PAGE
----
Press Release
Final Recovery Plan for Threatened Black Pinesnake Now Available
Media Contacts

The final recovery plan for the threatened black pinesnake, an Alabama and Mississippi species, is now available. The Service’s goal is to help this species thrive once again and remove it from the Federal List of Endangered and Threatened Wildlife. 

A crucial component of this recovery plan is the restoration and protection of the black pinesnake’s natural habitat. This habitat includes areas with sandy, well-drained soils, an open-canopied overstory of pine trees, a reduced shrub layer, abundant herbaceous groundcover, and plenty of underground hiding places, like holes in tree stumps. Frequent fire is crucial for maintaining this habitat. 

“The historical range of the black pinesnake is highly correlated with the historical range of the longleaf pine ecosystem, and this ecosystem has been reduced to less than five percent of its original extent primarily due to human impacts,” said U.S. Fish and Wildlife Biologist John Tupy. “Expanding habitat availability throughout the snake's historical range will help improve its overall resiliency leaving it less vulnerable to adverse local impacts or random events.”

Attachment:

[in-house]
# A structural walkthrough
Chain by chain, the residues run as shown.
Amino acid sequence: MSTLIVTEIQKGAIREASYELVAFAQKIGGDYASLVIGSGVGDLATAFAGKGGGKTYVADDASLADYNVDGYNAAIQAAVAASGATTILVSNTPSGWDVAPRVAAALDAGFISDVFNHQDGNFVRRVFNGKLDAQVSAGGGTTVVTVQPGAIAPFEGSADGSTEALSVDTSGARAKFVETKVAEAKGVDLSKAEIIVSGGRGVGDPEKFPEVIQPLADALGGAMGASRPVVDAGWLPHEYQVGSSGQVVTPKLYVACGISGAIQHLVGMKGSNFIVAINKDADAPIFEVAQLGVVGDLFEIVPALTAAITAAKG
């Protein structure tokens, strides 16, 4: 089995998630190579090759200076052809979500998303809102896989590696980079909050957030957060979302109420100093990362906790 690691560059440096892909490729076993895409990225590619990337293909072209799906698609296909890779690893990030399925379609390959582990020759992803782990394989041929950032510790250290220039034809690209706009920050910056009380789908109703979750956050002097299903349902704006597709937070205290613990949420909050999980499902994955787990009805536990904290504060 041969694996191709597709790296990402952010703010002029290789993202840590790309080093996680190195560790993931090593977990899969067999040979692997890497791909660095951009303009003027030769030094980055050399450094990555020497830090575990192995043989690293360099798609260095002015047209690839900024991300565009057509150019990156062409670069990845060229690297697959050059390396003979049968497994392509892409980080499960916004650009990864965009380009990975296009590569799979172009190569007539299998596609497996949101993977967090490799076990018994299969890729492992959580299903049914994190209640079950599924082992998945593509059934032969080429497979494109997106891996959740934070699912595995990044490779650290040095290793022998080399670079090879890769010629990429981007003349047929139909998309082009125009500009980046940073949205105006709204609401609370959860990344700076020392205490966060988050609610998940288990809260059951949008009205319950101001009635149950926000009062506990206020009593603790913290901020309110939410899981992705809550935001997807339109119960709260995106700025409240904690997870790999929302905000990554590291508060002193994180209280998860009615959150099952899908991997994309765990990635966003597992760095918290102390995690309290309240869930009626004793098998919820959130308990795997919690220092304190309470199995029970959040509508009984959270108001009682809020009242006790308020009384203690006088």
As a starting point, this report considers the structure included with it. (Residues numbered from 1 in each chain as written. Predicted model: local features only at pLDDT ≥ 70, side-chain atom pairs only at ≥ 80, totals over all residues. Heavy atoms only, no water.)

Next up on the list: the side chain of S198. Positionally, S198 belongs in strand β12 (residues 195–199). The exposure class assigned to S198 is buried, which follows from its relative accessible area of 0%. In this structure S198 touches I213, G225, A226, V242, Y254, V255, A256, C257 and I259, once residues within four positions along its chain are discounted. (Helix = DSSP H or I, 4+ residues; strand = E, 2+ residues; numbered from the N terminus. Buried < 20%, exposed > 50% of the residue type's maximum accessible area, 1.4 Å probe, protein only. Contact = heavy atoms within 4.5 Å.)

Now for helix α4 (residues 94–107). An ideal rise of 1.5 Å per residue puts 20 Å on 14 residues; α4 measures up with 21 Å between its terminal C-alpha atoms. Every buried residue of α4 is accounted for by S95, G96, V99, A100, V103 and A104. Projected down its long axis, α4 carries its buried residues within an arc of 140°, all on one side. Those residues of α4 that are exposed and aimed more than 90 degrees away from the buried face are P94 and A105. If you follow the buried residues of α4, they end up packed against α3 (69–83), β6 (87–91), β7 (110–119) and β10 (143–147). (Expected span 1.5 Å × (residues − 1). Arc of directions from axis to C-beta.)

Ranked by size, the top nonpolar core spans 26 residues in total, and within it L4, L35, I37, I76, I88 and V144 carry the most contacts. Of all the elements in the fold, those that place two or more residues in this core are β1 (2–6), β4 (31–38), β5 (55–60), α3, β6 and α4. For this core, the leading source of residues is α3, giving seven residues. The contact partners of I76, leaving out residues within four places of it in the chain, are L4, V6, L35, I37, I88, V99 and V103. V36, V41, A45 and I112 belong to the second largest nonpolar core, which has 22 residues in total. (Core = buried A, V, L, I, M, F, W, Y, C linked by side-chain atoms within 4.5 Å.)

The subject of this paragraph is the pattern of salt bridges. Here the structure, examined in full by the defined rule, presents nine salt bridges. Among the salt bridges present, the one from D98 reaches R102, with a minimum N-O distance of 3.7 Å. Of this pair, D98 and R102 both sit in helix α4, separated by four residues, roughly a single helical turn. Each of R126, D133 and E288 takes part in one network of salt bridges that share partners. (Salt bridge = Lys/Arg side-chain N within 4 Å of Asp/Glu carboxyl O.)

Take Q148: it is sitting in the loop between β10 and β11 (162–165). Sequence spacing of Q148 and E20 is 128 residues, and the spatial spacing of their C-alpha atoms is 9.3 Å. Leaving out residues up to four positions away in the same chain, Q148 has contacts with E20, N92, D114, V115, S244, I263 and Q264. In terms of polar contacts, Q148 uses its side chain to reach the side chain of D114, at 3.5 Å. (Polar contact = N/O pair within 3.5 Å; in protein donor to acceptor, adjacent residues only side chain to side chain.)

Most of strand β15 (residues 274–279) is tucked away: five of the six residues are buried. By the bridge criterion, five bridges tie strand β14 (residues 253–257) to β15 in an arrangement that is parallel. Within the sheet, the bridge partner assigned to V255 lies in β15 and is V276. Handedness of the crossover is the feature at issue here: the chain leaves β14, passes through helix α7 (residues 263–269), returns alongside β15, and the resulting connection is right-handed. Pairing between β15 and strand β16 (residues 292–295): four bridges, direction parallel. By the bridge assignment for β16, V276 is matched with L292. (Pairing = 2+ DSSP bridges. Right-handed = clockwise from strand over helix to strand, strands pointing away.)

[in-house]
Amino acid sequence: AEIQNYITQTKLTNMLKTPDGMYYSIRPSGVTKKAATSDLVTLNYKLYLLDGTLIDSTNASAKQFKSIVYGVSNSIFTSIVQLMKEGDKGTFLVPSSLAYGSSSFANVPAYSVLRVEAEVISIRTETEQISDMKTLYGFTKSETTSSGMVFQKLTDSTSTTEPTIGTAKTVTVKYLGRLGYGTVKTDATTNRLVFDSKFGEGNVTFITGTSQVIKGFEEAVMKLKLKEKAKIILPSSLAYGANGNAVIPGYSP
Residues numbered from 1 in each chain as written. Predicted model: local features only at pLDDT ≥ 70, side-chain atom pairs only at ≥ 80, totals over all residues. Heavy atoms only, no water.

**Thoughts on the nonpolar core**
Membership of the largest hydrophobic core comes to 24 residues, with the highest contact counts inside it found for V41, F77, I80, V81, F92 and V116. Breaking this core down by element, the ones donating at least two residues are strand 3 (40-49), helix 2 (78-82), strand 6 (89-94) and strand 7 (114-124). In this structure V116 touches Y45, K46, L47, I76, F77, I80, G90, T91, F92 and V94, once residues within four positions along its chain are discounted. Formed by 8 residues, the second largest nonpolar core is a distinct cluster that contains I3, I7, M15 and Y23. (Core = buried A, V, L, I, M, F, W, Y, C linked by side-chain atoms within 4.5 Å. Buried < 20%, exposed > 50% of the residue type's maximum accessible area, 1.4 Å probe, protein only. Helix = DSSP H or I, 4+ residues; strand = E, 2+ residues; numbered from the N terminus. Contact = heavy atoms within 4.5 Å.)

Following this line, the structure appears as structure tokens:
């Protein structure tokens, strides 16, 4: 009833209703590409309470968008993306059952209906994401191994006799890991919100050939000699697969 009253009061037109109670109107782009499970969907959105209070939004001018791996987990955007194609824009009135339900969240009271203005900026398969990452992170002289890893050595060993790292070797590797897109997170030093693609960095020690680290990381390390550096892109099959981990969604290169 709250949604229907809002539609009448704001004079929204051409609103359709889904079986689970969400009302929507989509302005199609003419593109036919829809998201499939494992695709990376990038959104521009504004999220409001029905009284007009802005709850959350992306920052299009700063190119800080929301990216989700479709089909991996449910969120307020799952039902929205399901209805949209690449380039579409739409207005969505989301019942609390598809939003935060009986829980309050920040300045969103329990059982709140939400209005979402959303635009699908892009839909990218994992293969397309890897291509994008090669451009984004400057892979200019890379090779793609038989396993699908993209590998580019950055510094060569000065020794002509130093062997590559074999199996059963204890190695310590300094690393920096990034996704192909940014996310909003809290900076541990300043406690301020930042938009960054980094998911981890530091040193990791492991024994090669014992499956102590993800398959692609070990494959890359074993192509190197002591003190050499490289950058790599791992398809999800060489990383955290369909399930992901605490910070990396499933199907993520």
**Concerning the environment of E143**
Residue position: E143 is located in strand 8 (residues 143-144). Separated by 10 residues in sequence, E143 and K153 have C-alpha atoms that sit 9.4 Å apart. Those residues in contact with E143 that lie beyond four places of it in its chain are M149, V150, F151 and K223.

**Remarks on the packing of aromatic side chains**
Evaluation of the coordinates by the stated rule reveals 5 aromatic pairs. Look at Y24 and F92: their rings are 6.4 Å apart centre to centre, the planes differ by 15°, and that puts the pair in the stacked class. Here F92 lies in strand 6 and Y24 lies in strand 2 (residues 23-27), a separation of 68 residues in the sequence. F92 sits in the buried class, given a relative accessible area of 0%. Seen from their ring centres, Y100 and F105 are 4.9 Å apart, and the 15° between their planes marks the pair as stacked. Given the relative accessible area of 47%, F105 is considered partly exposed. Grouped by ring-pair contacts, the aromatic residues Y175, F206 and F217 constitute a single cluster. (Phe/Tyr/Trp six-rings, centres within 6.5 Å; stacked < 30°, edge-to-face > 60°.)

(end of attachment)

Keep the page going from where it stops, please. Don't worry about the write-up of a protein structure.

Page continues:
The Service will work with State Wildlife Agencies, Federal agencies, non-governmental organizations and private landowners to protect and restore this type of habitat and seek ways to help expand these efforts for an even bigger effect. The Service is also continuing to pursue conservation agreements and grant opportunities to assist with improvement efforts. 

The Service made the draft recovery plan available for review. No comments were received so the Service is now making available a finalized recovery plan.  The plan is available for download at the following websites:  

For a mailed copy, send a request to the U.S. Fish and Wildlife Service, 6578 Dogwood View Parkway 

Suite A Jackson, MS 39213-7856. 

The mission of the U.S. Fish and Wildlife Service is working with others to conserve, protect, and enhance fish, wildlife, plants, and their habitats for the continuing benefit of the American people. For more information on our work and the people who make it happen, visit Connect with us on social media: FacebookX(formerly known as Twitter), Flickr, and YouTube  

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Endangered and/or Threatened species